Have you seen those commercials from The Bay? They start off making you feel all warm and fuzzy . . . “Christmas isn’t about what you get” . . . and then they hit you with it: “Give the Perfect Gift.” No warm fuzzies there. To have a perfect Christmas, you’ve got to spend a lot of money. According to The Bay.
Who out there is having this “perfect Christmas?” Those of us still in university spend most of the Christmas season freaking out about exams and papers, trying to recover from too much Christmas partying, then dealing with hectic holiday travel and finding time to go Christmas shopping for about ten million people. Not to mention that by the end of the semester, cash is typically running a little short. (At least if you’re me. I could never get my student loan to stretch quite that far!) Now that I’m out of school and working, I’m still not exactly buying people big-screen TVs for Christmas or X-boxes or Wiis. Give me a few years to start raking in that kind of cash . . . And Christmas is still hectic, still stressful.
We all remember how it felt to be a kid at Christmas. Enjoying the carols, the lights, the snow, and thinking Santa would take care of the rest. Christmas was probably far from perfect. Maybe as a kid you didn’t get all the gifts you wanted. (One year Santa wrote me a letter . . . apologizing for not getting me a Cabbage Patch doll because his “elves had run out of material to make them with”. More like my mom didn’t get up early enough to stand in the line at ToysRUs where they were selling out at super speed). But as a kid, you didn’t care. You just enjoyed the season. The magic of it all.
So screw the “perfect Christmas” that they’re trying to sell us on T.V! There’s no such thing. Just chill out and have a good one. If you’re really feeling warm and fuzzy, enjoy the things that make Christmas what it is. Your family, friends, and traditions. They won’t be perfect either. And that’s OK!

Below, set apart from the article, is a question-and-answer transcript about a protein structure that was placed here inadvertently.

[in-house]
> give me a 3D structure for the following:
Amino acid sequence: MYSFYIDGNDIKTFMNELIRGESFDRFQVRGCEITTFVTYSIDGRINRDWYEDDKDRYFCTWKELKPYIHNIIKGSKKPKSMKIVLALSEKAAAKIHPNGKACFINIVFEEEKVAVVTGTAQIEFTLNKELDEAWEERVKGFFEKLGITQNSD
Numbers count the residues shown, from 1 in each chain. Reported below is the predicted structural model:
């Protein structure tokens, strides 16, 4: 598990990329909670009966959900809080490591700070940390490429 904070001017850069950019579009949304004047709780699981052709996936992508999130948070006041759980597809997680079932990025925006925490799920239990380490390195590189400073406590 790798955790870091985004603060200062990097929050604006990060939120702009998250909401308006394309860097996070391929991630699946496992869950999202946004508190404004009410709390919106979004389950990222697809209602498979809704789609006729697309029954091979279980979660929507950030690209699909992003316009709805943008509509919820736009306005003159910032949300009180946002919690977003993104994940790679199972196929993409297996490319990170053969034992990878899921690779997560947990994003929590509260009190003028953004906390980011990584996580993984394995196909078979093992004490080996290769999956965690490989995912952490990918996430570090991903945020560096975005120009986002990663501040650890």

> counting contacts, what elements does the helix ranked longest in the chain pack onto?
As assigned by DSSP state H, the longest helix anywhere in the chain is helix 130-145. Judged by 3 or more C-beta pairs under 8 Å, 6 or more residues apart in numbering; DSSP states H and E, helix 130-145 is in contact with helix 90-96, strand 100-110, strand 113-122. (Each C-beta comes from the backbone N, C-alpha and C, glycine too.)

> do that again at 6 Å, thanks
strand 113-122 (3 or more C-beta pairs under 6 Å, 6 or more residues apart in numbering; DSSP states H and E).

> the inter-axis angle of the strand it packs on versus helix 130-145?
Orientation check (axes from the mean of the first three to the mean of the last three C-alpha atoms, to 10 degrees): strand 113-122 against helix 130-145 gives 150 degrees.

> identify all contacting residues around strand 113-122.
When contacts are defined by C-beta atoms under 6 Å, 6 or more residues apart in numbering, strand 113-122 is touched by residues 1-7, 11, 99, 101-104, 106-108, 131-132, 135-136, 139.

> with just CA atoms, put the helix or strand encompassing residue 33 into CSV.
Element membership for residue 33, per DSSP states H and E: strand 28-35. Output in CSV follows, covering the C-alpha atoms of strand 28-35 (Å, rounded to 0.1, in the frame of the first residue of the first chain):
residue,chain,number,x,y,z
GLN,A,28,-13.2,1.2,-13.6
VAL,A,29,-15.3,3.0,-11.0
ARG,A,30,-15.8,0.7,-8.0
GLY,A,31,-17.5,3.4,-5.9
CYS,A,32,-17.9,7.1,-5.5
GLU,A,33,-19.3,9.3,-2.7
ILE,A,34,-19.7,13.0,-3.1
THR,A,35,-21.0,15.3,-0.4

Peace on Earth. Merry Christmas to all and I’ll see you in the New Year.
“Thanks for the singing toilet bowl lid!”
Just what I always wanted to hear on Christmas morning when I hand out my gifts. Typically, I’m not known as the most creative gift-giver in the world. Just ask the people I gave popcorn balls to this year. (I tried: I shaped them as snowmen. I was going to knit little toques till I remembered – I don’t know how to knit!)
But help is always just a click away, isn’t it? Freshtrend.com and Freebeesandstuff.com are a couple of sites I found with some crazy gift ideas. My faves:
So hey, there’s still time to do some shopping!
Also – this is just a side note – when I’m on these types of websites I notice quite a few occurrences of spelling mistakes/typos/bad grammar. Not that I’m Little Miss Perfect or anything, but it bugs me!!! Maybe one could make some decent cash by editing people’s website content before they post it? Hmm. (Here’s hoping there aren’t too many spelling/grammatical errors in this post! Oh, the irony).
The Vagina Monologues are coming to Red Deer College, thanks to the Sociology Society partnering with the Central Alberta Aids Network. January 9, 7:30 p.m., at the Red Deer College Arts Center. You can get tickets at Ticketmaster online, by phone at 403.340.4455, or at the Red Deer College Bookstore location.
Go see them! I haven’t yet, but I’ve definitely heard a lot about the show, so I’m going to go see for myself!
The Student Perspectives Conference is coming up March 14-15, 2008. Submit your best work related to a class in the Humanities and Social Sciences by February 1. You can present your work in any format:
- oral presentation
- poetry/short story reading
- anything else you can come up with!
Consider being part of this conference for the experience. It’s set up in a true academic style conference format, but it’s friendly and a lot of fun. You can show off your genius work to more than just your instructor, and see what other H&SS students are up to.
Check out the call for submissions and the abstract/presentation guidelines here. Or for more information, email firstname.lastname@example.org